Restaurateurs remind customers not to eat with their mouths open, as fluid is liable to spray over dining companions. as the eyeballs are punctured.

SALTED MOUSE

Salted mouse, a Fujian dish, speaks to generations of frugality in farming communities. Photo: Weibo

A snack from the Hakka people in the mountainous west of Fujian where the population has made a living from farming for generations. They catch mice found in their agricultural produce and salt the meat.

It's said that mouse meat not only tastes good, but also contains a high level of protein, is good for kidney health and can prevent bed-wetting in children. The meat is cooked like ham and is an agreeable accompaniment to winter wine.

An internet user on Qq.com said that a friend from Fujian once gave him a bag of meat snacks to eat. "It was yummy at the first, but tasted a bit strange after more bites," he wrote. "I was rattled when he told me it was mouse meat - I did not touch it again."

PIG'S BRAINS

Sichuan offers pig’s brains as food for thought.Photo: Weibo

A signature delicacy of Sichuan, pig's brains are usually cooked along with tofu as the two have a similar mouth feel. Preparation can involve boiling, roasting and frying and the brains are often served with noodles.

Its advocates said pig's brains have a fragrant aroma, a tender texture and are not greasy. Following a Chinese folk theory that if you eat part of an animal that part of you will benefit, lovers of this dish say pig's brains will make you smart.

Sceptics take a lot more convincing and say pig's brains look horrific.

RABBIT'S HEAD

Lovers of rabbit’s head say the dish is so good diners cannot eat just the one. Photo: Weibo

Popular in and around Chengdu in Sichuan province, Datong in Shanxi and Quzhou in Zhejiang, rabbit's head is a spicy snack.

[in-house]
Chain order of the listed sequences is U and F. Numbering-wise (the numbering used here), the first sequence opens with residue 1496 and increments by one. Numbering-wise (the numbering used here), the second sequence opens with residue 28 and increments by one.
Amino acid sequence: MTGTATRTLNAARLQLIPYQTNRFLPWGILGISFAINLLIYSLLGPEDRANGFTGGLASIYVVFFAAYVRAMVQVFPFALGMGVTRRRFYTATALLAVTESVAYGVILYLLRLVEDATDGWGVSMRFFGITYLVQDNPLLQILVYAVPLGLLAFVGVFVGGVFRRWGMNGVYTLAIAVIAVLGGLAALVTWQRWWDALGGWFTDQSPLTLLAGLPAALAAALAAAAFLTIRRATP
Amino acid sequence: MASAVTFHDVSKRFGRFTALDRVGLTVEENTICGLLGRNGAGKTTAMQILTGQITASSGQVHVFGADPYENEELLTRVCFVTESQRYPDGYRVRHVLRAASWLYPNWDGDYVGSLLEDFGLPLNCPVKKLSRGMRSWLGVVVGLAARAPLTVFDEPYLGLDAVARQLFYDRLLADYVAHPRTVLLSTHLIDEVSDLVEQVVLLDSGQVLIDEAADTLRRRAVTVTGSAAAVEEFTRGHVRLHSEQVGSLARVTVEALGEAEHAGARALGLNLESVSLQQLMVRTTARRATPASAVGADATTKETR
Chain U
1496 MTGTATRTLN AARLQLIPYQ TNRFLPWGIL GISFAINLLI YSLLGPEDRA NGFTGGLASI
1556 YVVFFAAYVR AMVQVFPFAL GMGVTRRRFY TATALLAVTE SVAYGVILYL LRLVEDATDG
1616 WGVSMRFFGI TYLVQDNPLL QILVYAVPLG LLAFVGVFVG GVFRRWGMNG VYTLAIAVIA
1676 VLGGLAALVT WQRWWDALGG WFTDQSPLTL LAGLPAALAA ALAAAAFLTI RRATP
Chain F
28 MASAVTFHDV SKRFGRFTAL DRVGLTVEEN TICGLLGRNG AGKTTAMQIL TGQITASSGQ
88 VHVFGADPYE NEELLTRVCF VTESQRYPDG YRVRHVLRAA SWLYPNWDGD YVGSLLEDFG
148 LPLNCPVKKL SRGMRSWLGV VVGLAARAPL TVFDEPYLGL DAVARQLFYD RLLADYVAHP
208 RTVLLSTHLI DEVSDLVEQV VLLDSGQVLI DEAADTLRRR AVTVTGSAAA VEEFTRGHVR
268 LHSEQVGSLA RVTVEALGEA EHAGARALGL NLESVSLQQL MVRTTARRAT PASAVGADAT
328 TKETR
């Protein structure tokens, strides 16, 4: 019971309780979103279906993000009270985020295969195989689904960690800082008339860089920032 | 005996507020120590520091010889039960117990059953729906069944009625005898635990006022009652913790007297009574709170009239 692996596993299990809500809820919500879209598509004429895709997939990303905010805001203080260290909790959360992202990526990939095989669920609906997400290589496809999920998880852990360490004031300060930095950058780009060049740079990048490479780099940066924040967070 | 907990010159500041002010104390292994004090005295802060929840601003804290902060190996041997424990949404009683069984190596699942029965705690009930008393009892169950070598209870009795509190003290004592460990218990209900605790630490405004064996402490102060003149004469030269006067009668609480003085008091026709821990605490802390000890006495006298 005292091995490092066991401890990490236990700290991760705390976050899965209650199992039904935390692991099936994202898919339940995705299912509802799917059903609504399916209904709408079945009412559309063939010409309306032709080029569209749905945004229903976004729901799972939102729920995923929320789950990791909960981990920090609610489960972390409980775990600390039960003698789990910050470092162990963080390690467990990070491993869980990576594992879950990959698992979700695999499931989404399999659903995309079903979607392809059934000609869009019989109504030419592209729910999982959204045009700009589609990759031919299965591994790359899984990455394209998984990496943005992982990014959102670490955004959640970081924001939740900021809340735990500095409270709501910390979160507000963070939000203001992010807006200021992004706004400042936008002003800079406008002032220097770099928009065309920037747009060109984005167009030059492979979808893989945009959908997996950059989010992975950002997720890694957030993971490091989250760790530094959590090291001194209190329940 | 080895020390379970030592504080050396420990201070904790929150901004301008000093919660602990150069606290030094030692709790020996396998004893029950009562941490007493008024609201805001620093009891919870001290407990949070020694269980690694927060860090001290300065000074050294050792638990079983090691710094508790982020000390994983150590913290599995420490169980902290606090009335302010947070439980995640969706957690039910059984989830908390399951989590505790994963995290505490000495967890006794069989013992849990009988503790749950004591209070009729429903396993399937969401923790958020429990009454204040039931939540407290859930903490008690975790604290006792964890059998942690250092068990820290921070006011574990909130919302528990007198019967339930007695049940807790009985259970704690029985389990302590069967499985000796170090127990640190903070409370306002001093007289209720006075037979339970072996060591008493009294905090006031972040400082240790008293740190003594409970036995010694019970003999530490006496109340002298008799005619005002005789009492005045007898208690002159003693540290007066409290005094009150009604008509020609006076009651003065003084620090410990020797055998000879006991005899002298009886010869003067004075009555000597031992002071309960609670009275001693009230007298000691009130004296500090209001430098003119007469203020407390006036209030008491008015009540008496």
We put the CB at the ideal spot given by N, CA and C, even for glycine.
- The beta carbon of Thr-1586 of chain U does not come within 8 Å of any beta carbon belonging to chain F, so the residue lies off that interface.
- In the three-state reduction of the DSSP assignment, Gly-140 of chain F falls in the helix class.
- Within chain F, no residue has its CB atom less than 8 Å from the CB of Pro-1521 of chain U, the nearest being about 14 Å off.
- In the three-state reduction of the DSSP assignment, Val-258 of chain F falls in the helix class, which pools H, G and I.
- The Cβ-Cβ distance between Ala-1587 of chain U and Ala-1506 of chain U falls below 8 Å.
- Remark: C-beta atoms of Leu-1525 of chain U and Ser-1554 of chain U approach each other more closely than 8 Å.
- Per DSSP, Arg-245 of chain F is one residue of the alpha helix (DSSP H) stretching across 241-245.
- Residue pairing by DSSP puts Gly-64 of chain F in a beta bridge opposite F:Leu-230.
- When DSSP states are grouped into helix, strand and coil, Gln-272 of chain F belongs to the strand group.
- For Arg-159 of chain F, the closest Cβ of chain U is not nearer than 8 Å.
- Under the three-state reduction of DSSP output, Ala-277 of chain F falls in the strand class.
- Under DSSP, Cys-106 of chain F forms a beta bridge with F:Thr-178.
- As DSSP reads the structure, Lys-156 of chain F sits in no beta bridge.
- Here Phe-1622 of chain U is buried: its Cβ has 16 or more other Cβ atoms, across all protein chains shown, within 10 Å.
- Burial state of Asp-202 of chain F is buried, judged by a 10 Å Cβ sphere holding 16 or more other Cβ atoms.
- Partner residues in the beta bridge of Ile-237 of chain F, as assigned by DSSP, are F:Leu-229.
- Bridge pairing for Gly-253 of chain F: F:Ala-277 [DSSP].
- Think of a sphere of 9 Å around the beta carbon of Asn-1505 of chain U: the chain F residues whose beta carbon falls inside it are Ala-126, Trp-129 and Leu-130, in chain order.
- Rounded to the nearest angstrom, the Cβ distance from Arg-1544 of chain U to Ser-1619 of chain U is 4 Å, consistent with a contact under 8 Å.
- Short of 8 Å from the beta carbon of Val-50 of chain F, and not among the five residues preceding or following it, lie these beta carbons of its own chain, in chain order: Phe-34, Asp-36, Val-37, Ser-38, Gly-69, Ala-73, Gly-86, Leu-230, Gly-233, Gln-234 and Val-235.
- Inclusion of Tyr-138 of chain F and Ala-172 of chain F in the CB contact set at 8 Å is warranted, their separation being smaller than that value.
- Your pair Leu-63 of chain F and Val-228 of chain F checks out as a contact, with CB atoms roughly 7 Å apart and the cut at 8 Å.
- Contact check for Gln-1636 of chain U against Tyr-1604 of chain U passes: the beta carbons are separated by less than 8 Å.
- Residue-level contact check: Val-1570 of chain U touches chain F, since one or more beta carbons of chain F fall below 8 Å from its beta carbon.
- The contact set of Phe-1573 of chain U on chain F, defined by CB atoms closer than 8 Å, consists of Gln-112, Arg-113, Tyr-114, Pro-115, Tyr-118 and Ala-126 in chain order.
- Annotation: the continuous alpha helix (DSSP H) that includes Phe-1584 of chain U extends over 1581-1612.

Diners say they prefer tongue and cheek meat before turning to the brain. Cheek meat, they say, has pleasant flavours, while the brains are tender. In Sichuan, rabbit's heads go down well with beer at the street eateries and more than one serving is usually eaten at a sitting

It was reported that as many as 300 million rabbits were eaten in Sichuan each year. Women say they love the dish as it is light and not fattening - not a view shared by some internet users who balk at eating furry friends many regard as pets.

VIRGIN BOY'S EGG

Virgin boy egg, from Zhejiang, is reputed to have medicinal properties. Photo: Weibo

A dish that is prepared by boiling in children's urine, this is regarded as an intangible cultural artefact of Dongyang in eastern Zhejiang province. Residents believe that eating virgin boy egg in springtime can help fight fatigue and heatstroke.

In the past, devotees of this dish were said to collect urine from boys aged four to eight, creating queues outside kindergartens. The eggs are put in a pot of urine and boiled. In the middle of the process, the shells are broken to allow the eggs to absorb the flavour of the urine.

The result, it is said, is a dish that tastes like tea eggs - a common snack in China that involved boiling in tea leaves, salt, star aniseed and sauce. Medical opinion suggests this is a dish best avoided, as urine is bodily waste and contains little in the way of nourishment.

HOT SPICY TADPOLES

Hot spicy tadpole is a Guangxi dish. Photo: Weibo

Local to Guangxi, tadpoles are harvested, washed, boiled, the fried in hot oil. Social media opinion is that the dish is disgusting and eating tadpoles is the worst kind of behaviour.

DEEP-FRIED INSECTS

Insects are a good source of protein.Photo: Weibo

People visiting southwestern Yunnan province will inevitably encounter deep-fried insects such as cicada, locust and bamboo worms.

Fried centipedes, dragonflies, spiders and scorpions are not unusual. Residents praise these insects as crunchy meals and a source of high protein, low fat eating.

In January, tourists in Lijiang were offering a tonne of insects from 10 species in a promotion.

This article was first published in South China Morning Post.